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ORIGINAL ARTICLE
Year : 2014  |  Volume : 30  |  Issue : 4  |  Page : 514-519

A comparison of dexmedetomidine plus ketamine combination with dexmedetomidine alone for awake fiberoptic nasotracheal intubation: A randomized controlled study


1 Departments of Anaesthesia and Intensive Care, Lady Hardinge Medical College, New Delhi, India
2 All India Institute of Medical Sciences (AIIMS), New Delhi, India

Correspondence Address:
Manpreet Kaur
F-118 Ansari Nagar West, AIIMS Residential Quarters, New Delhi - 110 029
India
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Source of Support: None, Conflict of Interest: None


DOI: 10.4103/0970-9185.142846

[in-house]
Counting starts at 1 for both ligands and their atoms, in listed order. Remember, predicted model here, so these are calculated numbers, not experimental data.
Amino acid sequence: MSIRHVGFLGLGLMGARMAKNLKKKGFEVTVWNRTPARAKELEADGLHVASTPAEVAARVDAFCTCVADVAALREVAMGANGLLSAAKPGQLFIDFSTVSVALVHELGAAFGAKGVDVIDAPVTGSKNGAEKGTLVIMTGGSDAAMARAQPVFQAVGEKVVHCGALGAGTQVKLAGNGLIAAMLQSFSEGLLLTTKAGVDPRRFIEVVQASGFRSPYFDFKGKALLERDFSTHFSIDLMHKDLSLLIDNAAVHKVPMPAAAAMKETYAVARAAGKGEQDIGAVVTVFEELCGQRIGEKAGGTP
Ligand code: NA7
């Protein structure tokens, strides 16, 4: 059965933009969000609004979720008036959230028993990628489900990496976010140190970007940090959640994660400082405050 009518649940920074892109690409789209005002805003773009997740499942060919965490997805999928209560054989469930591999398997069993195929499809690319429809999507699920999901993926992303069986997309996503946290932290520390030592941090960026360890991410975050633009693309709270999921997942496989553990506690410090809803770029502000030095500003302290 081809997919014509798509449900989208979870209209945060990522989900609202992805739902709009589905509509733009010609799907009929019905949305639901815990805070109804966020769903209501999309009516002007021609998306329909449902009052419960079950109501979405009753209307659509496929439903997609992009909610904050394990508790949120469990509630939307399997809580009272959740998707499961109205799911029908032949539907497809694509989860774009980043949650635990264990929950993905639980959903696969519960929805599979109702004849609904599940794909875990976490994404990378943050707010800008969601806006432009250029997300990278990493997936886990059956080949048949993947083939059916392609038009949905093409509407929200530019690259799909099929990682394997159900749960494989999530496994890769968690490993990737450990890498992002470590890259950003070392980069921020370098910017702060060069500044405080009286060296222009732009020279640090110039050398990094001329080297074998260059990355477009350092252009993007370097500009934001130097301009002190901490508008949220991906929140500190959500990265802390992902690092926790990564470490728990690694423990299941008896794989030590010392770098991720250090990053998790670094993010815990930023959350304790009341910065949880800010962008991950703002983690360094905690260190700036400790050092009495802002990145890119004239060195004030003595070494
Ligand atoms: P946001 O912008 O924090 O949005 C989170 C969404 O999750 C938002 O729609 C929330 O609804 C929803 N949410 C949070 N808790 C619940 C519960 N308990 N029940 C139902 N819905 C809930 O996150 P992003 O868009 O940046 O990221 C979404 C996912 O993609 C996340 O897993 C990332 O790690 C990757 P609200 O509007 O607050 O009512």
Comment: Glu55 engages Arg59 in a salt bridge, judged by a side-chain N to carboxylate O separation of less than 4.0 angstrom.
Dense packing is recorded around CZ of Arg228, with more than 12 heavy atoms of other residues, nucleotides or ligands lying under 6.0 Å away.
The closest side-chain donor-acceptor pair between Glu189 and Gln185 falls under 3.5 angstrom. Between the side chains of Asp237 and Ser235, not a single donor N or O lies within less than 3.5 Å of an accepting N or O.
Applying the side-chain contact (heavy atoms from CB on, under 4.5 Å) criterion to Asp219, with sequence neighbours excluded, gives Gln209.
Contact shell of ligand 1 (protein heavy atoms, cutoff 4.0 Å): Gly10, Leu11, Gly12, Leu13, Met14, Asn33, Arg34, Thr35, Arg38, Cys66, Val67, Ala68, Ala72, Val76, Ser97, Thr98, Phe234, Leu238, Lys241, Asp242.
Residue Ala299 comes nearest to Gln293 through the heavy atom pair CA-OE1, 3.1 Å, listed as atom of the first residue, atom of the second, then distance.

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Background and Aims: We designed a study to compare the effectiveness of dexmedetomidine plus ketamine combination with dexmedetomidine alone in search of an ideal sedation regime, which would achieve better intubating conditions, hemodynamic stability, and sedation for awake fiberoptic nasotracheal intubation. Materials and Methods: A total of 60 adult patients of age group 18-60 years with American Society of Anesthesiologists I and II posted for elective surgery under general anesthesia were randomly divided into two groups of 30 each in this prospective randomized controlled double-blinded study. Groups I and II patients received a bolus dose of dexmedetomidine at 1 mcg/kg over 10 min followed by a continuous infusion of dexmedetomidine at 0.5 mcg/kg/h. Upon completion of the dexmedetomidine bolus, Group I patients received 15 mg of ketamine and an infusion of ketamine at 20 mg/h followed by awake fiberoptic nasotracheal intubation, while Group II patients upon completion of dexmedetomidine bolus received plain normal saline instead of ketamine. Hemodynamic variables like heart rate (HR) and mean arterial pressure (MAP), oxygen saturation, electrocardiogram changes, sedation score (modified Observer assessment of alertness/sedation score), intubation score (vocal cord movement and coughing), grimace score, time taken for intubation, amount of lignocaine used were noted during the course of study. Patient satisfaction score and level of recall were assessed during the postoperative visit the next day. Results: Group I patients maintained a stable HR and MAP (<10% fall when compared with the baseline value). Sedation score (3.47 vs. 3.93) and patient satisfaction score were better in Group I patients. There was no significant difference in intubation scores, grimace scores, oxygen saturation and level of recall when compared between the two groups (P > 0.05). Conclusion: The use of dexmedetomidine plus ketamine combination in awake fiberoptic nasotracheal intubation provided better hemodynamic stability and sedation than dexmedetomidine alone.


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